Just think, it could have been that goofy cartoon player riding the midget pony, which is right up there with the oil derrick that ID’ed the Houston Oilers, or that silly patriot hiking the ball that Boston originally embraced.
Or it could have been just a big D, for the first letter of the city the team represented, which of could have been confused for Denver (although today, D might be more appropriate, since it could also be mistaken for Dysfunction, which pretty much sums up the current state of the franchise).
Whatever it represents, it goes back to Jack Eskridge. No matter what one thinks of the Dallas Cowboys, that iconic star represents the team, the city, the state, and NFL football better than any logo in sports.
(Stars from Chris Creamer’s SportsLogos.Net, Boot helmet from Helmethut.com.)
Joe Nick Patoski is the author of THE DALLAS COWBOYS: The Outrageous History of the Biggest, Loudest, Most Hated, Best Loved Football Team in America (Little, Brown). Read an excerpt from it here.
AP Photo/Aaron M. Sprecher
So I was in Houston Friday night, talking the Dallas Cowboys at Brazos Bookstore and spinning vinyl at Leon’s Lounge, as well as hanging with my friends William Michael Smith of the Houston Press and Jack Massing of The Art Guys and sword-fighting with Max Massing. I’d noticed my old player-coach of the Jack’s Auto Repair All-Stars of the Twin Cities Cultural Arts Softball League, Garrison Keillor, was hosting A Prairie Home Companion at the Wortham Opera House in Houston on Saturday. I sent an email to the show and Friday afternoon received an email from Garrison. Long and short of it, and unbeknown to me until about 10 minutes before airtime, I had the pleasure of enjoying a few minutes of conversation with Garrison on his show, which is during the third segment.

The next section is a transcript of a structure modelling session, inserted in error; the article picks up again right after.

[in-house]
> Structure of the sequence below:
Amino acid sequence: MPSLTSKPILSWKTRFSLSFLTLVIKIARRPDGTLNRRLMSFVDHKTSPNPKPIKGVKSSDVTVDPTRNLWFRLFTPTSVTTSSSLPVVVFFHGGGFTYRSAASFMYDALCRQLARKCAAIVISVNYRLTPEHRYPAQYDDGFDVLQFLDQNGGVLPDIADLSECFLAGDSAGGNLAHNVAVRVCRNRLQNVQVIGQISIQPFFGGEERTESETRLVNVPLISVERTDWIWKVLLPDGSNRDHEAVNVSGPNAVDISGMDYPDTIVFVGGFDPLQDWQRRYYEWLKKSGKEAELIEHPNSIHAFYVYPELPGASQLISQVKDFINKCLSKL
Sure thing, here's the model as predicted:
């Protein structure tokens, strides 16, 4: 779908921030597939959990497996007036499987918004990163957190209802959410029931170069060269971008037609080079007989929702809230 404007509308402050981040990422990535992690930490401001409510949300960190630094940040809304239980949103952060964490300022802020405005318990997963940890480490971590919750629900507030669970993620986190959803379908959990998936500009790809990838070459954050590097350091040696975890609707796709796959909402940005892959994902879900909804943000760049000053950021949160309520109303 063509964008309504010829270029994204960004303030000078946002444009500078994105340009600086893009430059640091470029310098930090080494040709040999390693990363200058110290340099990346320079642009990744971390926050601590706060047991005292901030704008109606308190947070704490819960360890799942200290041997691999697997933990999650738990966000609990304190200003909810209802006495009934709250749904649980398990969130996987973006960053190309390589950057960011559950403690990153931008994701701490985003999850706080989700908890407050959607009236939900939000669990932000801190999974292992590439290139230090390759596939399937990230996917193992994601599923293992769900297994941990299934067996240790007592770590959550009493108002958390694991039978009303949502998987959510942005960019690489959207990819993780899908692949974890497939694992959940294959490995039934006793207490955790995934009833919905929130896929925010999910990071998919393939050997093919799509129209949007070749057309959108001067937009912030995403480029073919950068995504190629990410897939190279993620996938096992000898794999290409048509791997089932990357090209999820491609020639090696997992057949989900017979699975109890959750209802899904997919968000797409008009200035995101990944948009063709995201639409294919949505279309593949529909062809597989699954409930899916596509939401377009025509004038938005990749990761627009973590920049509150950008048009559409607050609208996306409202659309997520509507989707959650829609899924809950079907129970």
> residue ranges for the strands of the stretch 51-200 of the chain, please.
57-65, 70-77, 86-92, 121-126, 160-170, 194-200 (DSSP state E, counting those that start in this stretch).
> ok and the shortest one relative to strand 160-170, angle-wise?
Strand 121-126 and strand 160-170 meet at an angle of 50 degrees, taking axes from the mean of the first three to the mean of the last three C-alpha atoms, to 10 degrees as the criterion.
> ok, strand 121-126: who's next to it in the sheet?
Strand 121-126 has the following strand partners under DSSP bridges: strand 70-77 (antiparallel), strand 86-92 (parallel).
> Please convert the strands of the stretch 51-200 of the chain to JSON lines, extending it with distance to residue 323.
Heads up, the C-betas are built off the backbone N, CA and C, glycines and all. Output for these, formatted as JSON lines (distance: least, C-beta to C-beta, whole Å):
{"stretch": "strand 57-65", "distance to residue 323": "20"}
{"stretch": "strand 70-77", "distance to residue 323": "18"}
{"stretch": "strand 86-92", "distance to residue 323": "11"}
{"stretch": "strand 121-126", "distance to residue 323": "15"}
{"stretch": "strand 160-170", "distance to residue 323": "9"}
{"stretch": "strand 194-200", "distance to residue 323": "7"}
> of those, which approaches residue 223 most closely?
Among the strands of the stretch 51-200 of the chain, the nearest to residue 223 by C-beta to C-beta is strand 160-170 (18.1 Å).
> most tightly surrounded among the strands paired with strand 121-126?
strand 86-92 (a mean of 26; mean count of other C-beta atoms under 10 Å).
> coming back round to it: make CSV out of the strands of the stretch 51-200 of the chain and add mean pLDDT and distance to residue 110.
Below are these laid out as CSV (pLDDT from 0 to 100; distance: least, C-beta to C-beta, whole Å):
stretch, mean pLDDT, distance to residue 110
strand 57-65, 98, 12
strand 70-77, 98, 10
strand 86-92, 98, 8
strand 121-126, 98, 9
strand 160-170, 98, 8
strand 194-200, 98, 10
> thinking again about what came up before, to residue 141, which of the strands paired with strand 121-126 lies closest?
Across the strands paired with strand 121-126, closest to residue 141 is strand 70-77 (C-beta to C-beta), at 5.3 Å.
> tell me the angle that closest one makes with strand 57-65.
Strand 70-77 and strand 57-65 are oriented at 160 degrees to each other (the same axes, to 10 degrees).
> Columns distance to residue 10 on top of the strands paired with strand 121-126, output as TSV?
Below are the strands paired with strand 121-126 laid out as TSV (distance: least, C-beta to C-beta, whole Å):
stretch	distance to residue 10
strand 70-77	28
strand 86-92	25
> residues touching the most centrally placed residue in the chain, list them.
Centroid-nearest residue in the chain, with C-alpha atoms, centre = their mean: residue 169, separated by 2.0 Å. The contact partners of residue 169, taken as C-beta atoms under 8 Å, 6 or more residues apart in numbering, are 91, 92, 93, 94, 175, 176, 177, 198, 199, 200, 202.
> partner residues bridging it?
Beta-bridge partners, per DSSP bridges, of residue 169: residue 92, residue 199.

I love radio and this program is the best of what radio is
Boot maker sets up shop in Marfa
By EMILY JO CURETON
MARFA – The human foot consists of 20 muscles and 28 bones. An indefinable mix of reason, emotion, pride, vanity and God only knows what else make up the human psyche. When western boot maker Colt Miller sets to work his unusual task is to fit for both the foot and the person attached to it.
Hunched over a cluttered table in his workshop on South Highland Avenue in Marfa, he patiently tools a pair of custom cowboy boots for his girlfriend of the past five years. The complex inlay depicts her namesake, Mt. Logan, in tri-colored calfskin. In the end he’ll spend upwards of 60 hours working on this pair.
It starts simple enough. He traces the outline of each foot and takes down certain measurements: instep, toe box, width, length and the like. But Miller’s handiwork brings dirt kickers to another level – replete with a whole spectrum of colors and different types of leather, intricate inlays and embroidered designs laden with highly specific, personal symbols.
“I’ve noticed that it’s a lot of the cowboys who want the most flamboyant boots,” Miller says.
But of the 50 or so pairs he has crafted in the past seven years, only about half went to cow folk. The rest outfit concrete dwellers, those concerned less with rattlesnakes and mesquite thorns than with fashion.